It’s a feast. Center all the bowls on the white table, each filled with color: bright orange pasta, golden soup, blue-green salad, small black cheesecake with blanched almonds serrating the edges. Sometimes I notice there’s no silverware, sometimes I don’t.

It’s almost 3 AM. We haven’t sat together, husband and wife, at this table since the crash. But I end up here every night. Maybe I’m waiting for the day I’ll feel hungry again. I don’t know. It’s only been six weeks. Give it time, people say. I’ve lost thirty pounds. How do fathers do it? This is an old story, losing a son. How have all the fathers before me carried on? Why can’t I wake up?

My foot bumps something. His basketball rolls out from under the table, across the hardwood, taps against the front door. Yesterday when you went shopping, I played in the driveway, then hid the ball when you came home. I forgot to move it back to his room. You don’t like me doing anything we used to do with him. His death grated across us, leaving all these holes in our life. Everything is falling through.

It’s cold outside. Look at that moon. Almost full, almost there. I shoot a few hoops, the ball bouncing, hitting the rim, so loud in the silence I stop, waiting for someone to shout out their window. But if anyone’s awake, they keep it to themselves.

I should go back in, but the park is just down the block. I can’t see it, so I walk to the street lamp on the corner. From here, the jungle gym looks like a pile of empty cages; the trees are as still as a diorama. And all that night behind it. Somewhere out there is the basketball court where we played until, one day, he magically was better than me.

“What?” I say to the half park.

It’s so quiet, I hear water in the sewer flowing under my feet. Somewhere behind me, the freeway sounds like a river too. I feel like I’m being swept away.

“What?” I call. “What?!”

I throw the ball like I’m trying to hit something. It loops high into the dark, gone. A moment later I hear it bounce on the court, again, again, then gone.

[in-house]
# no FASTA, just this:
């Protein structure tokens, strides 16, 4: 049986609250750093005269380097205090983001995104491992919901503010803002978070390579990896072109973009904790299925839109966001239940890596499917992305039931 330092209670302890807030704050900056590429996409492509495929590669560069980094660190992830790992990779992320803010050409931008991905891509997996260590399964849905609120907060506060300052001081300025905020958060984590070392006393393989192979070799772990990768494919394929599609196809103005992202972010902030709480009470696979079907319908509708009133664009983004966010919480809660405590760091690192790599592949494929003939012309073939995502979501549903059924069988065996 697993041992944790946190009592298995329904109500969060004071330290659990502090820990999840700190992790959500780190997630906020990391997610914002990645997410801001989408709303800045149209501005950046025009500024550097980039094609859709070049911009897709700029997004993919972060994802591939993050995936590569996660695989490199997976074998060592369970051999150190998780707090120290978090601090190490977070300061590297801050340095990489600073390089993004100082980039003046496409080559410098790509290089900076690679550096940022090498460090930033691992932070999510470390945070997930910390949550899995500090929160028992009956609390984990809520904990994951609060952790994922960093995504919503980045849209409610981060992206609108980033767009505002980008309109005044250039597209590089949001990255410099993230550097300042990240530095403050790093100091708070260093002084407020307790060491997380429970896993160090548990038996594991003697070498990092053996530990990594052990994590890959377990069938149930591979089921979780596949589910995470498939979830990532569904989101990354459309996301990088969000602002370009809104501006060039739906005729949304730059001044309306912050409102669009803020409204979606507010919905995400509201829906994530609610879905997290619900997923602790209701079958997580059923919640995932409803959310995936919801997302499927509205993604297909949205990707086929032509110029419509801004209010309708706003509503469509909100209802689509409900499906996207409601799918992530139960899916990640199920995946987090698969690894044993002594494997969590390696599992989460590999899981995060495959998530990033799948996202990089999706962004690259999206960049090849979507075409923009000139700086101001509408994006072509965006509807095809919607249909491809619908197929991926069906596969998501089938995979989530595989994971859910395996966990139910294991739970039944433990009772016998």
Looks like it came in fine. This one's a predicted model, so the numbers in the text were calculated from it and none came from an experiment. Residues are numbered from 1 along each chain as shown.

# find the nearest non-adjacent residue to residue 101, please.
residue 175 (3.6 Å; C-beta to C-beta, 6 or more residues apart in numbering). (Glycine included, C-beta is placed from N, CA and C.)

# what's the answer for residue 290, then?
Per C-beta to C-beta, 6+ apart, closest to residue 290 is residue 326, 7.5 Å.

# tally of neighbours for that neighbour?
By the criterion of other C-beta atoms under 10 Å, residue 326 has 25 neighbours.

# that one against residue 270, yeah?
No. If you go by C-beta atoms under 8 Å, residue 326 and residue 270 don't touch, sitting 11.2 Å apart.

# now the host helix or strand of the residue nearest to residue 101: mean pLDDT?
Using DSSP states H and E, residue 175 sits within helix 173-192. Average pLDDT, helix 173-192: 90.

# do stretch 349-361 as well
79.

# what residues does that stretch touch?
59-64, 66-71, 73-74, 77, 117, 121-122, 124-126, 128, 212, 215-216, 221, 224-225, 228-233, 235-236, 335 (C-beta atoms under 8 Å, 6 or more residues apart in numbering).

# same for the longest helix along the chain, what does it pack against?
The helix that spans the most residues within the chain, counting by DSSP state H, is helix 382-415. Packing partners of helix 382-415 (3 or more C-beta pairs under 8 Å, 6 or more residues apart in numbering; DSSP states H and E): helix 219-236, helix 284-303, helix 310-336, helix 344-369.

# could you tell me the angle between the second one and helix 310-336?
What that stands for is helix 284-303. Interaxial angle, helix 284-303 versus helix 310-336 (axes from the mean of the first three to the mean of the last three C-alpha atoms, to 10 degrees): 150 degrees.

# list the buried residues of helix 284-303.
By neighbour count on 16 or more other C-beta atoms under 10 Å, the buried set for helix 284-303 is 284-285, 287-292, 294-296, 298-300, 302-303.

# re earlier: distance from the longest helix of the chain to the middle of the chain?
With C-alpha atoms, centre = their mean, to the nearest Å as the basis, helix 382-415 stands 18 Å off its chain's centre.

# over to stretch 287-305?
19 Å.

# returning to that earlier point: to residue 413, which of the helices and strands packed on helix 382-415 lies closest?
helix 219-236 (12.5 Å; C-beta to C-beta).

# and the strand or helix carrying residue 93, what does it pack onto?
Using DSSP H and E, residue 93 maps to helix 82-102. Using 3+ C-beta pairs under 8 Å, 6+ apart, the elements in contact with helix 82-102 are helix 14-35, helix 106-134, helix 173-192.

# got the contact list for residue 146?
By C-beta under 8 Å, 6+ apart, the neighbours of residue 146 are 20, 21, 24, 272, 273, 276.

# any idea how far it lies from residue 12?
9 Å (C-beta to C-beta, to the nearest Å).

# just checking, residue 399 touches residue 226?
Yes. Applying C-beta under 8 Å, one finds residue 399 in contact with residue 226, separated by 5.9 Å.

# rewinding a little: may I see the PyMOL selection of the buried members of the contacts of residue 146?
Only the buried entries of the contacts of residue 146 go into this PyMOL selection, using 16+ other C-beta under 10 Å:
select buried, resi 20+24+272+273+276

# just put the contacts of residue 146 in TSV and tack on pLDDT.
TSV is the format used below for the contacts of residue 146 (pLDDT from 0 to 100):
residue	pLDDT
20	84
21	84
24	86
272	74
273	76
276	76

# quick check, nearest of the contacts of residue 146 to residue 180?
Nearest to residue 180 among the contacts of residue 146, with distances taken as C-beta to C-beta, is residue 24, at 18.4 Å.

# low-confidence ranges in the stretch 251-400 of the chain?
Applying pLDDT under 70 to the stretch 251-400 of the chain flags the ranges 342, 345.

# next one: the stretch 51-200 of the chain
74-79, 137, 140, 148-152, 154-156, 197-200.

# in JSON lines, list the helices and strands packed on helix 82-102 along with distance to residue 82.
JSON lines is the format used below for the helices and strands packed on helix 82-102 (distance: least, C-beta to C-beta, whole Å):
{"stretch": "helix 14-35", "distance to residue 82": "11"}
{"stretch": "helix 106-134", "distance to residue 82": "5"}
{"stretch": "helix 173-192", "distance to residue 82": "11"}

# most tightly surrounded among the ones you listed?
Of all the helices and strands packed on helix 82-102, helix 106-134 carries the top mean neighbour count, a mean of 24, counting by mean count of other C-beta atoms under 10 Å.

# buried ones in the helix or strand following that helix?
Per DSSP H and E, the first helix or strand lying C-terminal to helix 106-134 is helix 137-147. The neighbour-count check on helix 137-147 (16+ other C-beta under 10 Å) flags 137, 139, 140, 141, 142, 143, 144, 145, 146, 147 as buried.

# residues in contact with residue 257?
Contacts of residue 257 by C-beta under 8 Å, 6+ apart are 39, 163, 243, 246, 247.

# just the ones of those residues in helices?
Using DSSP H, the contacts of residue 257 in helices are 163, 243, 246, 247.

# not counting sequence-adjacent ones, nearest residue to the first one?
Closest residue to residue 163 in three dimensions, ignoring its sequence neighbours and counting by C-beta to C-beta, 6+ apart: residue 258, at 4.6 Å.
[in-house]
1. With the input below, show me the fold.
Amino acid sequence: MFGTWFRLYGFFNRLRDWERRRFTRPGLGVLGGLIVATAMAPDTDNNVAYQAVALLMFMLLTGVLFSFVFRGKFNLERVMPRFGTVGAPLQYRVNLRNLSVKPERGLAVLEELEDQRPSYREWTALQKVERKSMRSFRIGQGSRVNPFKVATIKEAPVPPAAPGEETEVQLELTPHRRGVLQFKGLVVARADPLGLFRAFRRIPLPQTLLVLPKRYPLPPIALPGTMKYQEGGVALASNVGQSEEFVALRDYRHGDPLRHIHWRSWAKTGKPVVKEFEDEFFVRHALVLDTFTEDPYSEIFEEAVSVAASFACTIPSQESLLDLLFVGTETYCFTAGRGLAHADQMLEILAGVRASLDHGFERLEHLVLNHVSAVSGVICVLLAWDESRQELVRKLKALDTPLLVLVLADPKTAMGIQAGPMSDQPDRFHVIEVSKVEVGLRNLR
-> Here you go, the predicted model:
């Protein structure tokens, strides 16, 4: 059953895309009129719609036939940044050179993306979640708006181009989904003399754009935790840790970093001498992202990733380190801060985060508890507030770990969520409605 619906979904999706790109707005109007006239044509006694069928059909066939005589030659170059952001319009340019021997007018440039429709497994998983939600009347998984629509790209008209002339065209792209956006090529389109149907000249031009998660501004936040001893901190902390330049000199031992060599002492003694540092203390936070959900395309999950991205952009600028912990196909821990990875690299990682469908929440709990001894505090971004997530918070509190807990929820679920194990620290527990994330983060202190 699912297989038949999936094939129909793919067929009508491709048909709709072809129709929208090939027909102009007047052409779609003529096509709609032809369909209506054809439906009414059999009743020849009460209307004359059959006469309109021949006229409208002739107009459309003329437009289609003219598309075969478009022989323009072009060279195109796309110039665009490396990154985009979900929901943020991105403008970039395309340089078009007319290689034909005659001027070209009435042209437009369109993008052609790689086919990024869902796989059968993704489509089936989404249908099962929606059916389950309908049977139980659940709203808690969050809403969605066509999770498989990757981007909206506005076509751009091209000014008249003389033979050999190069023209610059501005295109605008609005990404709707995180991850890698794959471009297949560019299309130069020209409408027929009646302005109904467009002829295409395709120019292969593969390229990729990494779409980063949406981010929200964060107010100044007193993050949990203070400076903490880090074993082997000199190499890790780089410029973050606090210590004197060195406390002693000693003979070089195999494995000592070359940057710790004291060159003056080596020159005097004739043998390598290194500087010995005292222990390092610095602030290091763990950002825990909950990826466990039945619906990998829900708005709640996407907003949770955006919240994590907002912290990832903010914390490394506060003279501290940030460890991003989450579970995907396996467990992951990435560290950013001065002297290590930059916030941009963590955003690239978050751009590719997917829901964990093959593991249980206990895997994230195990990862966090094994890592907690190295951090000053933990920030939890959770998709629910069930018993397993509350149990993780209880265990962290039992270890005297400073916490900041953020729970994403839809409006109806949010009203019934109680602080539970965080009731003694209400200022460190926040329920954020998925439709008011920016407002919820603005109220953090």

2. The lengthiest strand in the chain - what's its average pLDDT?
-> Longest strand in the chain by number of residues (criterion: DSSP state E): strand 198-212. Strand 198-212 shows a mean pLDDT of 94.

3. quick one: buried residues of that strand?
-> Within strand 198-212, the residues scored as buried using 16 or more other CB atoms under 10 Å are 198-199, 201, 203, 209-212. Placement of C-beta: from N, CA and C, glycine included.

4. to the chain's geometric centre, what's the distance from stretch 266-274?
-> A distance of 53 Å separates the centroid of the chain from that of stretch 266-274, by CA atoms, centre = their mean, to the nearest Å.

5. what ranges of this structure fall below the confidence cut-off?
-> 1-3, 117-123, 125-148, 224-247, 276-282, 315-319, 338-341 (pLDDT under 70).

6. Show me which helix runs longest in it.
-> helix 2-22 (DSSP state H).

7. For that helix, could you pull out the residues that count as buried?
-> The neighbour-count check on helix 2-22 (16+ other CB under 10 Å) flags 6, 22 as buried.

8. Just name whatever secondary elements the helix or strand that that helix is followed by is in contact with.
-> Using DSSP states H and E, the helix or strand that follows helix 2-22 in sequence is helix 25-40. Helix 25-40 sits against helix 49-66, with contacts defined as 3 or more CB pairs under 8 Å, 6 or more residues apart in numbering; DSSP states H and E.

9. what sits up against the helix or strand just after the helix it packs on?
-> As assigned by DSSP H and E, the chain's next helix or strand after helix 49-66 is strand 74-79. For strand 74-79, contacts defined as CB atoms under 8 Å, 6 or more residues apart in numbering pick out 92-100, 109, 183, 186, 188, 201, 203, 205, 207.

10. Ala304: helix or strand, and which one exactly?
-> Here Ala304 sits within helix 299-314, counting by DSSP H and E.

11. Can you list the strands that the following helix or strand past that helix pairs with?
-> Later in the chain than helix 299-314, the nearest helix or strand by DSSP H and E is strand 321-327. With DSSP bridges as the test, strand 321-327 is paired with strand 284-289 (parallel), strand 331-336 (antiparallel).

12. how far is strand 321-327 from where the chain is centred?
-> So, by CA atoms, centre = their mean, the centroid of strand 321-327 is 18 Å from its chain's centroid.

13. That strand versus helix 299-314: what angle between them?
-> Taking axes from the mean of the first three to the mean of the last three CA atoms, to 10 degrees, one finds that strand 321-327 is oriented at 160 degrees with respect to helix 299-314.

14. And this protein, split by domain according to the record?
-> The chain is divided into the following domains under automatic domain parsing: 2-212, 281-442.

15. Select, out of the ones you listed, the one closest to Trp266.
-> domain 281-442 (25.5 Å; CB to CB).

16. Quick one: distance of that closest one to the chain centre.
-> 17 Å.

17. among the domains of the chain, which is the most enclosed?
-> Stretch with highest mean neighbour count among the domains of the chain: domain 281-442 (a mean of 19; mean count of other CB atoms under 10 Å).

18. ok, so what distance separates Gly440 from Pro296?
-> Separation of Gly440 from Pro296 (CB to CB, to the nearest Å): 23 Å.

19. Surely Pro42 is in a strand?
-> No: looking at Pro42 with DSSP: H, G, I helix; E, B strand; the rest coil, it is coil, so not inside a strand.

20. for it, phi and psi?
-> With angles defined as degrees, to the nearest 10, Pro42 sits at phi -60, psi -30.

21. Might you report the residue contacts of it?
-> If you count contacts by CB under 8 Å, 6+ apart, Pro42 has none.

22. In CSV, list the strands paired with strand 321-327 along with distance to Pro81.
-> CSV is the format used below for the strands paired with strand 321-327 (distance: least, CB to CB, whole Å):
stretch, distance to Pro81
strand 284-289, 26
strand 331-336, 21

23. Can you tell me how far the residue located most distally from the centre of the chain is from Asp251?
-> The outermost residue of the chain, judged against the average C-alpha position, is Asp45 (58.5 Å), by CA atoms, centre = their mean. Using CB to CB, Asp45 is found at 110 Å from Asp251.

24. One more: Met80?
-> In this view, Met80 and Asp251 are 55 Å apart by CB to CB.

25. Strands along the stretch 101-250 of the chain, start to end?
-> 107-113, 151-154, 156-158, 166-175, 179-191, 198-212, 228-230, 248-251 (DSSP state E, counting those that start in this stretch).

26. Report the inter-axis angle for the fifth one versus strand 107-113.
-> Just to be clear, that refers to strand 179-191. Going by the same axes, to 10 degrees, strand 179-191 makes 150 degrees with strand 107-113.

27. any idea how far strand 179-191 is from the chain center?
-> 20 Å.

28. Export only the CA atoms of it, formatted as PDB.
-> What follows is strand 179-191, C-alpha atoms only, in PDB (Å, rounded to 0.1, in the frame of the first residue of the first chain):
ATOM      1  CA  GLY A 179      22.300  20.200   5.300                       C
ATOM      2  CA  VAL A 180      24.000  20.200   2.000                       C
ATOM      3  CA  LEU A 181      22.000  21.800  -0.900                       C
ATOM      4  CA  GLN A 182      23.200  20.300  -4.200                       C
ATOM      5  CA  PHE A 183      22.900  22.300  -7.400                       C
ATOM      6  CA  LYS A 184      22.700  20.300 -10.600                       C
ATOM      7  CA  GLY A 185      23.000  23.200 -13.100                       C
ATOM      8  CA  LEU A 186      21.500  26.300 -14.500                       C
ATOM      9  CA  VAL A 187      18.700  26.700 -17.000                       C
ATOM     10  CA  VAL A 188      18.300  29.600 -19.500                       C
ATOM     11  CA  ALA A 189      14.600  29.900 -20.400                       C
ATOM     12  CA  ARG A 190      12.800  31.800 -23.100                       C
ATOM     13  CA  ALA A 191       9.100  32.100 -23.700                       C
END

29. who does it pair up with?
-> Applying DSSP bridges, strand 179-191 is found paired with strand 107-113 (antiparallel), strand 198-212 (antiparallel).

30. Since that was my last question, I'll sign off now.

It takes a long time, until the sky softens, but I turn around. There’s nothing to do but follow the curve of the earth back home, choke the food down the disposal, and clean the kitchen before you wake up.

 

Charles Duffie is a writer and designer from California. His work has appeared in the Los Angeles Review of Books and Role Reboot, and will be featured in the 2019 American Story Anthology published by New Rivers Press.

 

 

“Like”, “Share”, and comment on this poem to nominate it for the Annual Swimming with Elephants Publications 2019 Anthology.

Click here check out Parade: Swimming with Elephants Publications Anthology 2018 available for only $7.95.

Weekly Write: “Limit” by David Magill

Limit

Fish guts on the Sunday paper, one of my favorites,
Herman, covered by an eye and some gills.
She tells him it’s too sharp for me but
he ignores her and hands me another sunfish.
I work it under the tail and slide it along the spine,
careful of the meat under the skin.
He guts another one and shows me the eggs; I nod
and rinse the fillet in a steel bowl.
She sees blood on my hand and protests again,
but I have learned to ignore her, too, as long
as he is with me and I am busy.
The smell is acrid for a moment but it passes,
the scent of my father’s cigar cutting through
the scales and the blood and the guts.
“Will them hogs eat the heads?”
“They’ll eat anything you throw over the fence. Don’t forget
to bring them bowls back.”
I stood by the pen and looked at them.
I hadn’t given them names yet.
I wondered if they’d ever get a chance to eat
fish heads

without me.
I threw one far over their heads
so they would go away
and then dumped the rest inside the fence.
I didn’t want to see those fish die twice.
I heard the air compressor roar to life
and went and got the hose.
Summer was a short walk
away.